The foreword from the exhibition catalogue
The rapid political and social changes that radically altered relations between the individual countries and nations of Europe in the last decade of the previous century have changed the way in which the traditions of individual peripheral cultural environments and the expressions of their contemporary artistic productions are received. The East of the continent at the time found itself facing a paradoxical situation, as the imposed ideological framework, which for decades after the second world war had not only limited the radicalism of avant-garde aspirations in art but also paralysed any exclusivity of national self-confidence, sought to free itself by stressing its own cultural identity with which it could enter the democratic space of an avowed European dialogue of diversity. On the other hand, to keep up with current events in art it had to join the dominant stream of all-encompassing globalisation, which consciously rejected narrow national frameworks since, by default, it denied the importance of the geographic provenance of artistic practice.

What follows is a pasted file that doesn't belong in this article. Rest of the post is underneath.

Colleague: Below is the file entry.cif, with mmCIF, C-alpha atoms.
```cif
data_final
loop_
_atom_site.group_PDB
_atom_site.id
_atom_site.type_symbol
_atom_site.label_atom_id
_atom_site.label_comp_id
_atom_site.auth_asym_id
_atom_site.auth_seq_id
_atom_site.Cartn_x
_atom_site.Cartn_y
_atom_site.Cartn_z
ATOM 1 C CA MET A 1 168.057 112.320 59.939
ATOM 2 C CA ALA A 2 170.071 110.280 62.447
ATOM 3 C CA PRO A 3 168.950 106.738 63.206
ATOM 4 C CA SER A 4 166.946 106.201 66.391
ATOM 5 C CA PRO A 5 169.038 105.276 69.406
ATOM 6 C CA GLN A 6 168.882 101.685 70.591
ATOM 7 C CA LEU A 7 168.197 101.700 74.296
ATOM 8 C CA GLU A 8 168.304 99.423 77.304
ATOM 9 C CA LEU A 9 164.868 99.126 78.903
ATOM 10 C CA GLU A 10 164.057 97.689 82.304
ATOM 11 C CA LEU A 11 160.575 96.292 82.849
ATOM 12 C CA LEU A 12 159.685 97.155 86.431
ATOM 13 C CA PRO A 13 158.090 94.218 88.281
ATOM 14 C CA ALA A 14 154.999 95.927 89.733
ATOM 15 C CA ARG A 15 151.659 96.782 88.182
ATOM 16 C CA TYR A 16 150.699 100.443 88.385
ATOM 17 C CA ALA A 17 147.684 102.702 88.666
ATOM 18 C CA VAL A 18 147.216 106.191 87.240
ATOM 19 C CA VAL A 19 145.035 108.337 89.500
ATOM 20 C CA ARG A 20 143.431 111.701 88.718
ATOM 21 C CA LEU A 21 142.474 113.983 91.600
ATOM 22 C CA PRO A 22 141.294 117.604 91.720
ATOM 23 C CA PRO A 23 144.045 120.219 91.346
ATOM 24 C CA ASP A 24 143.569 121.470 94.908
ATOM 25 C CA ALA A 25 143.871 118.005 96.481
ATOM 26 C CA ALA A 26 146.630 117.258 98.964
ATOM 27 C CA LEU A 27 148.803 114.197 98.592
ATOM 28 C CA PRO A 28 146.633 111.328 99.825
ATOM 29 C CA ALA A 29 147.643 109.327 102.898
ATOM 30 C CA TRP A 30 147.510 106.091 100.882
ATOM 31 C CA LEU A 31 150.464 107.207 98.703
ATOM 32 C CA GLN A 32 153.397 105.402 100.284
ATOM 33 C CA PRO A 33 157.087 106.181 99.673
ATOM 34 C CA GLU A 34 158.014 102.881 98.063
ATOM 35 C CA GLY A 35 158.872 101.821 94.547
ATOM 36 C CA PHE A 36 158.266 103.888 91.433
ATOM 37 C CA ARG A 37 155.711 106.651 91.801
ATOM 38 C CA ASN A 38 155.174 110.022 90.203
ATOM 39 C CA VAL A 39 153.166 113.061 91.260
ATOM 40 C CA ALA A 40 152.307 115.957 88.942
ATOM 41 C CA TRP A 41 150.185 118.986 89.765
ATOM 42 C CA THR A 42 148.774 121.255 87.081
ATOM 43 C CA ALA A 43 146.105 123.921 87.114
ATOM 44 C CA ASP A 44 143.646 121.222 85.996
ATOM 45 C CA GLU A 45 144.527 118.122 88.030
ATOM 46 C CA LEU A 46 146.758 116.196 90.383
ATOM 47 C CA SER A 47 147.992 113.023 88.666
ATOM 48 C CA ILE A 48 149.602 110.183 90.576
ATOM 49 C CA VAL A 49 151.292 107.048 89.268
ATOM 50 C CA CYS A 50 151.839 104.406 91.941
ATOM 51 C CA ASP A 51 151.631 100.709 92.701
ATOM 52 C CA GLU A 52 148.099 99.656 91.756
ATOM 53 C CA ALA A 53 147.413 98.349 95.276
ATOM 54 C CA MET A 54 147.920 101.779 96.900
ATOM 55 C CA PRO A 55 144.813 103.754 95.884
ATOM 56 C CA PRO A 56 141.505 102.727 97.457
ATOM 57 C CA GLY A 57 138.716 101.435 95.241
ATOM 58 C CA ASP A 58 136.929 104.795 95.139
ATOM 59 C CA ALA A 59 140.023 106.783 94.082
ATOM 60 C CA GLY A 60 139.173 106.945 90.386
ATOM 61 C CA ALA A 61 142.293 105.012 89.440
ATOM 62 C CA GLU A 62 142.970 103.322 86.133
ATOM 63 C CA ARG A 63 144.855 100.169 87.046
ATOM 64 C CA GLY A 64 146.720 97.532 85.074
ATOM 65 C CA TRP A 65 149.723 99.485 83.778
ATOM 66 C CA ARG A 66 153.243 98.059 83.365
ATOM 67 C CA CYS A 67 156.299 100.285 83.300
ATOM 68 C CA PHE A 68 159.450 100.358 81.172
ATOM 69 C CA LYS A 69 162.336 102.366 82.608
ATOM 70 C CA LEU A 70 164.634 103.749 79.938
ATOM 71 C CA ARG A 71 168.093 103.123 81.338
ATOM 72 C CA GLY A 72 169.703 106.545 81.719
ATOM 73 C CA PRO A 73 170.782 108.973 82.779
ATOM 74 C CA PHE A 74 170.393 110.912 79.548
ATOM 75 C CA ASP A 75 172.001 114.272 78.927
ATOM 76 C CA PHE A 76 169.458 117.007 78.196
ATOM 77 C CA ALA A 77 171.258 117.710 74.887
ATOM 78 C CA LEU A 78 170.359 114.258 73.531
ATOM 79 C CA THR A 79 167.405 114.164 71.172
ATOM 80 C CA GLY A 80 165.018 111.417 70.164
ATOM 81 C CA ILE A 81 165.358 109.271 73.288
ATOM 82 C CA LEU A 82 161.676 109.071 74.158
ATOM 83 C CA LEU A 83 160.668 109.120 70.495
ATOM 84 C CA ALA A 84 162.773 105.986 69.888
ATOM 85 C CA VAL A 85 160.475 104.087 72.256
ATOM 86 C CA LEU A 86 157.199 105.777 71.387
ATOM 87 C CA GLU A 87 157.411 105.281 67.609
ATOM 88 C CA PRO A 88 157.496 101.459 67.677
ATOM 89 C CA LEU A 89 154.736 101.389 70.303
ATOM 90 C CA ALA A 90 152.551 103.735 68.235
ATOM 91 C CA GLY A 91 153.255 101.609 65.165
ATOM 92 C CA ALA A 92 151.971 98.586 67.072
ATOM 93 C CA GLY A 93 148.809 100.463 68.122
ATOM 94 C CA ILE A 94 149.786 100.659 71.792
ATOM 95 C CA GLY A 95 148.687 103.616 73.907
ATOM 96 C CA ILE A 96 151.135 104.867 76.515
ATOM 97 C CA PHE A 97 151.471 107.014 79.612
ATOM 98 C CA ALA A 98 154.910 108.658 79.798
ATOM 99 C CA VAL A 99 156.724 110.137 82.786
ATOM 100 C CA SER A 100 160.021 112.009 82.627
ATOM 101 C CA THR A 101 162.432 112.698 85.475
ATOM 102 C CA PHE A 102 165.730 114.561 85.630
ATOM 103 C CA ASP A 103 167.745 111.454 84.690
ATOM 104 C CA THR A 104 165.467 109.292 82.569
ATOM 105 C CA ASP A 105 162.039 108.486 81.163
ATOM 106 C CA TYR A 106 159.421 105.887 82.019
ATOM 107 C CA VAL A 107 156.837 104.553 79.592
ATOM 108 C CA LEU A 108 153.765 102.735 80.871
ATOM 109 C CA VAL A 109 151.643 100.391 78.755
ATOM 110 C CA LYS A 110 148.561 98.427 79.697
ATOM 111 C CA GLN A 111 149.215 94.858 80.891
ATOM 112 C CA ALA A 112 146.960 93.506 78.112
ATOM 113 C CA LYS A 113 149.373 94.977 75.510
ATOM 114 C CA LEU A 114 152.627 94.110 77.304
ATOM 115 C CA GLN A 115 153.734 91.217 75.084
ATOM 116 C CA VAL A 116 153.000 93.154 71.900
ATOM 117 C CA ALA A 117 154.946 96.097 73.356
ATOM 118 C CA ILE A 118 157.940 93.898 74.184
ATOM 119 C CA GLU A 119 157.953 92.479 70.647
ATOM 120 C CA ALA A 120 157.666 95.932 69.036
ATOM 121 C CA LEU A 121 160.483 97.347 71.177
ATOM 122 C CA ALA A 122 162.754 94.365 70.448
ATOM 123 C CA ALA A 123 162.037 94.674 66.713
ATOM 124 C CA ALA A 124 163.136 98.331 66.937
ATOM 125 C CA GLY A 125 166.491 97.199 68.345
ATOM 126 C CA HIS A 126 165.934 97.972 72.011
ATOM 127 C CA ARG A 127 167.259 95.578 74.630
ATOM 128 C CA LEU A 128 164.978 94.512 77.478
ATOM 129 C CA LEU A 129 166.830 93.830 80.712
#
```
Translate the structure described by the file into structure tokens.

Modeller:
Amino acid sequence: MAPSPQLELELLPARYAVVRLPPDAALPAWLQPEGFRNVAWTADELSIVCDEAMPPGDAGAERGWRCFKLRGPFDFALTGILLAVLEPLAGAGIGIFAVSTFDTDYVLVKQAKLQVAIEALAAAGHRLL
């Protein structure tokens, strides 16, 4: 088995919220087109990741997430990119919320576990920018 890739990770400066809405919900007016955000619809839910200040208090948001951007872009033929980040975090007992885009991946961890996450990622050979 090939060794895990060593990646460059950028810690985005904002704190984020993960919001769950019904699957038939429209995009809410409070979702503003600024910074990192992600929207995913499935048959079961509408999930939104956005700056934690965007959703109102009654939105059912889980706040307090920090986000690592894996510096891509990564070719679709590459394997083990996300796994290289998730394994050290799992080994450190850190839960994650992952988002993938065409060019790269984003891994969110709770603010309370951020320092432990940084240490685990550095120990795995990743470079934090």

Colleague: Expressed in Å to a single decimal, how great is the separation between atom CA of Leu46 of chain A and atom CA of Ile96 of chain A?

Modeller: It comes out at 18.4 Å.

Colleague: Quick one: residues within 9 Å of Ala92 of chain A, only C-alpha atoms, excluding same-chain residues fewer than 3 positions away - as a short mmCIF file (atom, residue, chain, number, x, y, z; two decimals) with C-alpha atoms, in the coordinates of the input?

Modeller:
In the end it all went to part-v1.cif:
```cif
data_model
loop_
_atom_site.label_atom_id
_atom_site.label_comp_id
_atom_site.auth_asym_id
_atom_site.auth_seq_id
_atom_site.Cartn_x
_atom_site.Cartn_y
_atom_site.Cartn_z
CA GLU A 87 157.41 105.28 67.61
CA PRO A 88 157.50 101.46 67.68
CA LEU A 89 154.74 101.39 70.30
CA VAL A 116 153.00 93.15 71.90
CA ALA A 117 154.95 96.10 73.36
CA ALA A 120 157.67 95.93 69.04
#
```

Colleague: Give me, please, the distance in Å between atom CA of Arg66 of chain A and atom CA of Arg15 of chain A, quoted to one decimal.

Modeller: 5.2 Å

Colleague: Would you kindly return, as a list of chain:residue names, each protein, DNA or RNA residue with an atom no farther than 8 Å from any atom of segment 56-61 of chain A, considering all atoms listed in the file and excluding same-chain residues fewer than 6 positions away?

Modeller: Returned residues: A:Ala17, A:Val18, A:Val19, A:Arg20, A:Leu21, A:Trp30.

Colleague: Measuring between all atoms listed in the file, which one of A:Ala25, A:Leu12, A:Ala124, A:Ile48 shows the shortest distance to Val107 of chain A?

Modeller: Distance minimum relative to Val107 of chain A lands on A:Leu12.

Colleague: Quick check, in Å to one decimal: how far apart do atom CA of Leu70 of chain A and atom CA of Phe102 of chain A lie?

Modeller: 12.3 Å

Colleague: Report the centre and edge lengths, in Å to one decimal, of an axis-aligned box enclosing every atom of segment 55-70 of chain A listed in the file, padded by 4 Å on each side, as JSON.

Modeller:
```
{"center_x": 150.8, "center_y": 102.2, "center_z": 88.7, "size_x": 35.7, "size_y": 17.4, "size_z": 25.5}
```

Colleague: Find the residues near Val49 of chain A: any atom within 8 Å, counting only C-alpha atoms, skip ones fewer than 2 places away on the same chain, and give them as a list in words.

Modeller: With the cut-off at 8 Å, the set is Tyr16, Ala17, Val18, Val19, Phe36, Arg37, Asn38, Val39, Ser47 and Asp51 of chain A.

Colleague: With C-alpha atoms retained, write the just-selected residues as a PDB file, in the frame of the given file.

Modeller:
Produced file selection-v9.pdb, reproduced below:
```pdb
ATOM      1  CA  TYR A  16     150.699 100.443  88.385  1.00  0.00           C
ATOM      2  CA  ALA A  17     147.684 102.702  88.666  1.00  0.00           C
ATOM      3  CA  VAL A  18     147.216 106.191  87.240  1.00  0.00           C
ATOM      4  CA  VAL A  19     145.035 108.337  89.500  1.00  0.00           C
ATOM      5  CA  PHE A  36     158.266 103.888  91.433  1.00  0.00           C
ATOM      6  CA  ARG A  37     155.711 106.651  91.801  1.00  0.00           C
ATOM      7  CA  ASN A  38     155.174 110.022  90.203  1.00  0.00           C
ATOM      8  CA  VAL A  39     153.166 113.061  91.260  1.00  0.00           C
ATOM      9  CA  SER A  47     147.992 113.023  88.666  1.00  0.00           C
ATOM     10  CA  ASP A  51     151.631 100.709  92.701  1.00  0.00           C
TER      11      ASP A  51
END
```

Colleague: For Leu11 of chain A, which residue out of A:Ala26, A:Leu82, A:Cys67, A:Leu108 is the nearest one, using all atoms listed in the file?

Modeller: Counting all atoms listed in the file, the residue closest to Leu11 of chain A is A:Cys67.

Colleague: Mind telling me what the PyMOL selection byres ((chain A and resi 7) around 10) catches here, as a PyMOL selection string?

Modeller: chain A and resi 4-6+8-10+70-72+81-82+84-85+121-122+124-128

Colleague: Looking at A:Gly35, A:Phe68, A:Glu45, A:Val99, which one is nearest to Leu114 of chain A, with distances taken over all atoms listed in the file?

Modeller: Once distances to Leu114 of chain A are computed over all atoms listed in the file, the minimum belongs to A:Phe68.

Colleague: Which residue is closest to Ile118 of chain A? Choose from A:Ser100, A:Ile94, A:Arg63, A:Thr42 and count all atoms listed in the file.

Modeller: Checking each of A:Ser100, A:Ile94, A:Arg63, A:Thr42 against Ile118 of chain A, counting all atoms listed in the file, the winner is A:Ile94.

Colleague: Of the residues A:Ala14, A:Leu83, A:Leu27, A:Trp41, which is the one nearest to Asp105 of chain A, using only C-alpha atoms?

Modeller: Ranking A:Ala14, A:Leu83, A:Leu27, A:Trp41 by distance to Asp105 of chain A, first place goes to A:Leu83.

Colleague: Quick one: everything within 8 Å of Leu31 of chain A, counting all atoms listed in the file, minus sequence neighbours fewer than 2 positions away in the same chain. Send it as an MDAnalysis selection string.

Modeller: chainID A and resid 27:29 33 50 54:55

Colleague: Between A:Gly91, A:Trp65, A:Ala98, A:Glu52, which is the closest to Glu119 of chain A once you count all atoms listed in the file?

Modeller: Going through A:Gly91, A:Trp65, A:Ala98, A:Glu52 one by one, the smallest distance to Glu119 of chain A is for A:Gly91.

Throughout the period following the second world war, and particularly since the end of the sixties, the situation in Slovenia was somewhat different from that in the other so-called ‘real socialist’ countries. The more avant-garde practices were not forced underground, made illicit; open borders allowed for a normal flow of information and people, and the somewhat lower standard of living than in the West was not an obstacle to artists travelling to the arts centres of Europe and the United States, where they experienced new initiatives first hand. Nevertheless, the organisation of institutional culture on a formal level established such stringent, generally applicable rules that at least those established artists who could count on financial support from the state were, like it or not, subordinated, and over the years they developed a kind of self-censorship of which they themselves were not even aware. Socialist egalitarianism – the concept of uravnilovka – meant that the importance of individual artists was reduced to a level at which the mass creations of hobby artists were supported in the same way as ground-breaking works by the most talented. At the same time, the lack of scope for private initiative prevented any attempt to develop a market for artworks, meaning that creators were kept dependent on crumbs from the state cake. In such unstimulating conditions the great majority of artists drowned in mediocrity and a manufactured pose of ‘auto-reflective’ fine-art poetics, mostly camouflaged in modernist painterly and sculptural works, in which they took pleasure in the self-sustaining ‘internal fine art’ of their products, and any extended context of artistic activity, for instance in a dialogue with the state of affairs in society that was characteristic of Slovenian writers and authors, simply did not exist. Slovenian modernist art, particularly painting in the second half of the 20th century, was therefore characterised by a formalism in which learning about (and analysing) the issues involved in the arts took place as a process, from one painting to the next, wherein continuity of presentation was more prominent than conflict. Such images were more additive collections of elegant solutions than expressions of existential experience.